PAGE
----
Following the footsteps of the great Greek philosopher Socrates, I started my mission by questioning the very core statements regarding purpose in our society. Socrates believed that by doing so, we can more easily access universal truths in life. What I found with the use of this ancient technique was quite remarkable…
But let’s start from the beginning, with a simple question:
I think it’s safe to assume that we all are familiar with this thought. Find your specific purpose, the thing you’re meant to do in this world and live a beautiful life. According to William Damon, the world’s leading scholar in developmental psychology and a professor at Stanford University, the purpose should be both: meaningful to the self and valuable to society.
He further breaks it down into three elements:
There is absolutely no denying the fact that we, humans, are meaning-making machines. It’s in our very nature to look for higher meaning, to embody our values, to discover our ultimate fate. We have a prominent need of belonging, of knowing our specific place and destiny in this world. Simultaneously, finding purpose with a capital “P” sounds like a heroic, noble, grand idea. Combining it with your passion and ‘never having to work a day in a life’ seems practically unattainable as if trying to pursue it would be equivalent to setting oneself up for failure.
Remembering Socrates, I asked myself: “Why are the standards around purpose so unrealistic? Where does this elusive idea come from?“
The almost impossible-to-meet expectations are a byproduct of our society’s fixation on success. There’s a whole industry built around this phenomenon of living your purpose and fulfilling your specific mission. It’s hardly surprising if we consider the many backed by science benefits of having a sense of purpose. It has been linked to lower levels of stress and anxiety as well as induced overall happiness, resilience and even longer life expectancy. Anywhere you look, people are obsessed with having their purpose figured out. Personal coaches, career bloggers, entrepreneurs, influencers, social media, self-help books – it’s all filled to the brim with, as Jordan Harbinger calls it in his article, the cult of purpose.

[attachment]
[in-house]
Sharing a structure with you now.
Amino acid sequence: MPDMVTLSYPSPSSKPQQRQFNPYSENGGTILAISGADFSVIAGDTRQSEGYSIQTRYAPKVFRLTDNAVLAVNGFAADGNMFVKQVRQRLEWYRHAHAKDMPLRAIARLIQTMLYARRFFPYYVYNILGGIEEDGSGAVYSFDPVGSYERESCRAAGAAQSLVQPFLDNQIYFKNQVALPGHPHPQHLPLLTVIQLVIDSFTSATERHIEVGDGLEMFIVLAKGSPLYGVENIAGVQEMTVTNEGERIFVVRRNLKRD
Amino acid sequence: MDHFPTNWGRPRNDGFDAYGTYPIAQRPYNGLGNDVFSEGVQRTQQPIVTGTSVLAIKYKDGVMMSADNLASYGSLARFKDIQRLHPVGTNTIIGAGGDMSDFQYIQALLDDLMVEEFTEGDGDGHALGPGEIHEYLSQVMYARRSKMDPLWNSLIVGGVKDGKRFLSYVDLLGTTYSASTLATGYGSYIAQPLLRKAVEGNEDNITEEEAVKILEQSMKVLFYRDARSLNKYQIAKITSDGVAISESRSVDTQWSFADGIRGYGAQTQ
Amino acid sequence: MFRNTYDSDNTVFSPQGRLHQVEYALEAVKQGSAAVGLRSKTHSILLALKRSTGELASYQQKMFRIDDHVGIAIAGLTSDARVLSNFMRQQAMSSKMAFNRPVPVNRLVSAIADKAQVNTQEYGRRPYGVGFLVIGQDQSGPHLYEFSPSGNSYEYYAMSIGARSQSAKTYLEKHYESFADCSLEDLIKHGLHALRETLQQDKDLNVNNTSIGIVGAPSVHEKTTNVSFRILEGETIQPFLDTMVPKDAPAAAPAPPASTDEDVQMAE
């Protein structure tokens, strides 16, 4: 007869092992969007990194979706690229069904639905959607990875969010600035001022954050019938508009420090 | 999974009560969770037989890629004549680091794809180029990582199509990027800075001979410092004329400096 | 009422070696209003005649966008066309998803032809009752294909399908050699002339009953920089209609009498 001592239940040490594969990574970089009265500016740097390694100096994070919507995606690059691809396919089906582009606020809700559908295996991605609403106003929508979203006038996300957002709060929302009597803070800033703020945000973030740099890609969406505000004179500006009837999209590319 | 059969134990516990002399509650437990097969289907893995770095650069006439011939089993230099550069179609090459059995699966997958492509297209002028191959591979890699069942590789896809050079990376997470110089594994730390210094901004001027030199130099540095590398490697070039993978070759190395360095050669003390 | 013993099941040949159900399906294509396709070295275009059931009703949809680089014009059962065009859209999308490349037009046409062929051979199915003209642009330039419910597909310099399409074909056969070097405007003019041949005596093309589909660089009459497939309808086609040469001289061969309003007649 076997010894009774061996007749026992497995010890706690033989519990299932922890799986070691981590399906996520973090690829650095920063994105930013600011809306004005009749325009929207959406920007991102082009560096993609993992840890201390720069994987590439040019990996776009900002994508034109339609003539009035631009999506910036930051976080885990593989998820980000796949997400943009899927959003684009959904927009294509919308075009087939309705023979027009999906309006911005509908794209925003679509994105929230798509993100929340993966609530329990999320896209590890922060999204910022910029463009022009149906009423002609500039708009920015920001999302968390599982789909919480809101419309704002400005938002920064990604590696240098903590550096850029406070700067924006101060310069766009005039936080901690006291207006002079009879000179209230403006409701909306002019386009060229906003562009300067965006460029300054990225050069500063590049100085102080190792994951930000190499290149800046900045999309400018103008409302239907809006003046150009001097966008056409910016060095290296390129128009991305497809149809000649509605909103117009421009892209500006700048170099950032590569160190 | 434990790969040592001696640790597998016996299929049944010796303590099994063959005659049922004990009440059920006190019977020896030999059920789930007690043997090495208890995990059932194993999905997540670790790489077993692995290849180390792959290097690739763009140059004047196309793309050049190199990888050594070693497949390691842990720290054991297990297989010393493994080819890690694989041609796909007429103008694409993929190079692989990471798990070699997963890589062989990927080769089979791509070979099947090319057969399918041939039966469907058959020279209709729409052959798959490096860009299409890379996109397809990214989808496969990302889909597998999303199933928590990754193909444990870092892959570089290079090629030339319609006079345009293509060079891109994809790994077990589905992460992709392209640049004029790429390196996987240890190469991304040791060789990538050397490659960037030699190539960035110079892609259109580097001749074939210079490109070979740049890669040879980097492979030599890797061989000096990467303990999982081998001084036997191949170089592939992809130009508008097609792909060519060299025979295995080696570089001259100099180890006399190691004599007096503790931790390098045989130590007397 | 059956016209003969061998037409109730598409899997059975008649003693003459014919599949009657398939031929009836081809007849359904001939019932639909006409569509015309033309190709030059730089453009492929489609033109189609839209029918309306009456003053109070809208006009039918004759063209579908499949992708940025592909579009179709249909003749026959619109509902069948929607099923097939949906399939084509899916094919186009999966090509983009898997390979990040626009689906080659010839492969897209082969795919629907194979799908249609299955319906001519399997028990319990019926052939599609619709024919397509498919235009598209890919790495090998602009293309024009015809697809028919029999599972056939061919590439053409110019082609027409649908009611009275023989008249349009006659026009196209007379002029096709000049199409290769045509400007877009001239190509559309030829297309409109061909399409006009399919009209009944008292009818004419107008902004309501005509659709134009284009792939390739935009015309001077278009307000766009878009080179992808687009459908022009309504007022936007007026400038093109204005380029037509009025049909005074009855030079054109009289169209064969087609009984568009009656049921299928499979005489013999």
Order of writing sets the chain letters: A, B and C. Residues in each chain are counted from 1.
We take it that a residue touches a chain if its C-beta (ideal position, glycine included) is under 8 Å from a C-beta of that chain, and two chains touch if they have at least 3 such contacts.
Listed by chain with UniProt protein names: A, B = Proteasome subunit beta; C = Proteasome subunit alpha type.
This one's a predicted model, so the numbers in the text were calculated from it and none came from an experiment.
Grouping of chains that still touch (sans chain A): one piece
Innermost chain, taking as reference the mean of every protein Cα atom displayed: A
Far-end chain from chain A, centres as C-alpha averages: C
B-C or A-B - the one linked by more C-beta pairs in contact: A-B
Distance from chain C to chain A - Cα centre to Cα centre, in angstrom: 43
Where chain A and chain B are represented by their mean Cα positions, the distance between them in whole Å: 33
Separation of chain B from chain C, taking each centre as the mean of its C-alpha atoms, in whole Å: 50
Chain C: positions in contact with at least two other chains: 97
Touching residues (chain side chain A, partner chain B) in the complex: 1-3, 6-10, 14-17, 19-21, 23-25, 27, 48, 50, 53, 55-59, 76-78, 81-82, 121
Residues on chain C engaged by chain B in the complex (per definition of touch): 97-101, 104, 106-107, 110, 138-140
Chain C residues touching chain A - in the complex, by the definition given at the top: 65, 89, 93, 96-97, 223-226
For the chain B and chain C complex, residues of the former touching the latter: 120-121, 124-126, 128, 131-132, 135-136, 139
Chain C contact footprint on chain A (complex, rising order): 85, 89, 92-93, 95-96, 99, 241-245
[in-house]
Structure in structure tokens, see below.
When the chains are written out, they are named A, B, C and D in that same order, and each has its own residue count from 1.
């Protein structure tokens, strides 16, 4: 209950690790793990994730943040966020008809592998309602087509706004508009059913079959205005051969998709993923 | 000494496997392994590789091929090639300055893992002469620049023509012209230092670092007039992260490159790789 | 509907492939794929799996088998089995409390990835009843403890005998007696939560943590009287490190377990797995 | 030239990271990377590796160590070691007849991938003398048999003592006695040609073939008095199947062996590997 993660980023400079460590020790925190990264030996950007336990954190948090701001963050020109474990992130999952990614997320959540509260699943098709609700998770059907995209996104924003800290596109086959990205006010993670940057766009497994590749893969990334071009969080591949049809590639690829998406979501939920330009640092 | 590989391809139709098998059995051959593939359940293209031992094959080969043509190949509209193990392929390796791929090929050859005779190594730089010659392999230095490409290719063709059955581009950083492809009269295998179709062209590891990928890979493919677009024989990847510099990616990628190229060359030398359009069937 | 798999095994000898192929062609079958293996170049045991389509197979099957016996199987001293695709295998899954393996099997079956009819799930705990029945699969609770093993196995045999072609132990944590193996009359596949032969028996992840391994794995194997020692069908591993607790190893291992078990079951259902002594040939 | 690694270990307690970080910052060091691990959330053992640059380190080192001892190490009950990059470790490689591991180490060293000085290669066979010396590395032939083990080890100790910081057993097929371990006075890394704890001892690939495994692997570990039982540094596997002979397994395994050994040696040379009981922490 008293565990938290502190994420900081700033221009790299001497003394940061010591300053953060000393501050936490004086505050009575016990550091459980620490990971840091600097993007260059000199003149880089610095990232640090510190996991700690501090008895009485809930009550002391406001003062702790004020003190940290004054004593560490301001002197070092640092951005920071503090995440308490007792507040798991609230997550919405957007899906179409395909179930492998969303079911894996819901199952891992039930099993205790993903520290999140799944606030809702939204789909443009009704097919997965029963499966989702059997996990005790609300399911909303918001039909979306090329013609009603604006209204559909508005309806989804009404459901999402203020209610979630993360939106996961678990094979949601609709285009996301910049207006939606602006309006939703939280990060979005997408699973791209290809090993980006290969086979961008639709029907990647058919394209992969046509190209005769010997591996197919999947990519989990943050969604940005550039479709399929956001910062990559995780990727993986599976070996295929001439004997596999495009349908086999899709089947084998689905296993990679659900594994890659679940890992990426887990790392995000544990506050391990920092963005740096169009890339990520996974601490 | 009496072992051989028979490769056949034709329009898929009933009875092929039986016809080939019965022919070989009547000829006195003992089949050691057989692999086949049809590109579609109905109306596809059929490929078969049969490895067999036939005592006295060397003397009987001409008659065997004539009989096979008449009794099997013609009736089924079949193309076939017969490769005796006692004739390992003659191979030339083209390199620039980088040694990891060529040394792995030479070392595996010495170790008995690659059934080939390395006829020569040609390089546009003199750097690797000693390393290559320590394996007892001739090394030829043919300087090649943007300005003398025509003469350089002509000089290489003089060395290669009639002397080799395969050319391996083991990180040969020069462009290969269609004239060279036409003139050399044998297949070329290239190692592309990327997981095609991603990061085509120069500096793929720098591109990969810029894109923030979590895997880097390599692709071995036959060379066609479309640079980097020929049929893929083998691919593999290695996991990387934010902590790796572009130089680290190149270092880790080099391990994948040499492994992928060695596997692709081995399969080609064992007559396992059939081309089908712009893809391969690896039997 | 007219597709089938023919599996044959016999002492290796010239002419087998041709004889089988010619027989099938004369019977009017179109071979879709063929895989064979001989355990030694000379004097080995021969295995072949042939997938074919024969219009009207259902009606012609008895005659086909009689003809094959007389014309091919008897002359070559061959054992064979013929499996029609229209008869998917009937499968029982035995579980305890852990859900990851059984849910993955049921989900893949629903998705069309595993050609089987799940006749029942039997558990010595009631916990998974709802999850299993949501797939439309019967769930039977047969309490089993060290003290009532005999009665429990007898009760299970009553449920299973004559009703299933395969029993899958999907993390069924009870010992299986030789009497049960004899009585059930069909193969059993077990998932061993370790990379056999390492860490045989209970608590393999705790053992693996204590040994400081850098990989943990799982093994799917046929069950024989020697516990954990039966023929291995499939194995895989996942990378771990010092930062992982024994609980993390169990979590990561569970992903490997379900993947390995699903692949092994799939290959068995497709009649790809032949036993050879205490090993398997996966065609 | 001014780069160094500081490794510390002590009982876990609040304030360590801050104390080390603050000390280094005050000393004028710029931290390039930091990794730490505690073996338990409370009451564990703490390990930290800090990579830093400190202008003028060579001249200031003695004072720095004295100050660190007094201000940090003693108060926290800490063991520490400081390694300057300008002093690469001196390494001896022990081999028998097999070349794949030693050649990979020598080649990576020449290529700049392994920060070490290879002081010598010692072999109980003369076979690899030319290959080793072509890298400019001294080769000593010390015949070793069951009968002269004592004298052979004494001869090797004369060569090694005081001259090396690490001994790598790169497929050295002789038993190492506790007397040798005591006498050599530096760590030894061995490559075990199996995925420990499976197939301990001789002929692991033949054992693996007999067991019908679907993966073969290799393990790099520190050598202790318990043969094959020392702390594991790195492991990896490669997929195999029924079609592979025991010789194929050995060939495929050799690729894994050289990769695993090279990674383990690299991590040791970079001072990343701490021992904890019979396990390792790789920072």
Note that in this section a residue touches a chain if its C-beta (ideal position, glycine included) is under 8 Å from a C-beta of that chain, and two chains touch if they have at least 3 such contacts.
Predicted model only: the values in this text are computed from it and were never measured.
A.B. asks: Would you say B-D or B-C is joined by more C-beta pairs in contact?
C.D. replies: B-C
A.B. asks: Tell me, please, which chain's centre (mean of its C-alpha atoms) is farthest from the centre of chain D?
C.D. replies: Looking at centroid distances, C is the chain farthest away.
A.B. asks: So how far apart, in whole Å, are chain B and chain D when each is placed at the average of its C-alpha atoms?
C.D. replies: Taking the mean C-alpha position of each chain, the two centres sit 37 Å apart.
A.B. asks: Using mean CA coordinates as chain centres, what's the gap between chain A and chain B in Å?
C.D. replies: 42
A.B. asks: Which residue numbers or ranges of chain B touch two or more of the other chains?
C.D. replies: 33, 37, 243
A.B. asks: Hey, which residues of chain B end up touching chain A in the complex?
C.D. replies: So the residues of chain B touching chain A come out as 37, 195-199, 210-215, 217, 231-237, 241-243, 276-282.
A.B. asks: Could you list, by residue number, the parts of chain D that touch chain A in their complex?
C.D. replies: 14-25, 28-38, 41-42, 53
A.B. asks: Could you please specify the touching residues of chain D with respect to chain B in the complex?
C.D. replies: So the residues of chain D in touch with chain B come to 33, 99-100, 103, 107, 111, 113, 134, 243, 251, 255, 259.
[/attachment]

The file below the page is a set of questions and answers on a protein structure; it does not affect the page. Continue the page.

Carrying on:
The modern understanding of purpose comes dressed in a lot of assumptions and ridiculous expectations. The societal norm of a meaningful life requires us to have a precise, limited set of skills and abilities. Furthermore, according to all of the gurus and social media specialists, each of us should follow one specific path in life with a very narrow focus and just a couple of hobbies. Lastly, we should perceive the world linearly, just like we do when going from one place to another with success as the destination.
With all these external sources telling us what to do and how to do it, it can absolutely feel like everyone has their life figured out and organised while we are somehow left out and the only ones to miss something important here. However, I’m here to tell you that this is definitely not true. A 2010 study (Rosemarie Kobau, Joseph Sniezek et al.) revealed interesting results regarding a sense of purpose and wellbeing. In the research, only 20% of participants stated that they have a clear understanding of their purpose, and about 40% of participants claimed to be lacking a satisfying sense of life on purpose. What does that tell us? Most of us don’t have it all under control, easy peasy and worked out. On the contrary, a big chunk of society struggles with finding their purpose, their special place of belonging in the world.
That uncomfortable, sometimes painful struggle has its own name – purpose anxiety. It refers to all the negative feelings like stress, fear, frustration, worry, etc., linked to the individual’s search for purpose in life. This condition can impede our mental wellbeing. Larissa Rainey studied the topic, and in her paper, she mentioned a survey in which “91% of participants reported experiencing purpose anxiety at some point in their life“. It only further proves that almost all people, sooner or later, experience difficulty in their relationship with purpose.
What, however, not so many of us decide to do, is change the faulty mindset produced mainly by today’s society. What if we chose to search for universal truth not in the external environment but within each of us? What if we decided to spend every single day purposefully taking actions that help us to be the best version of ourselves? What if we choose to live a life on purpose?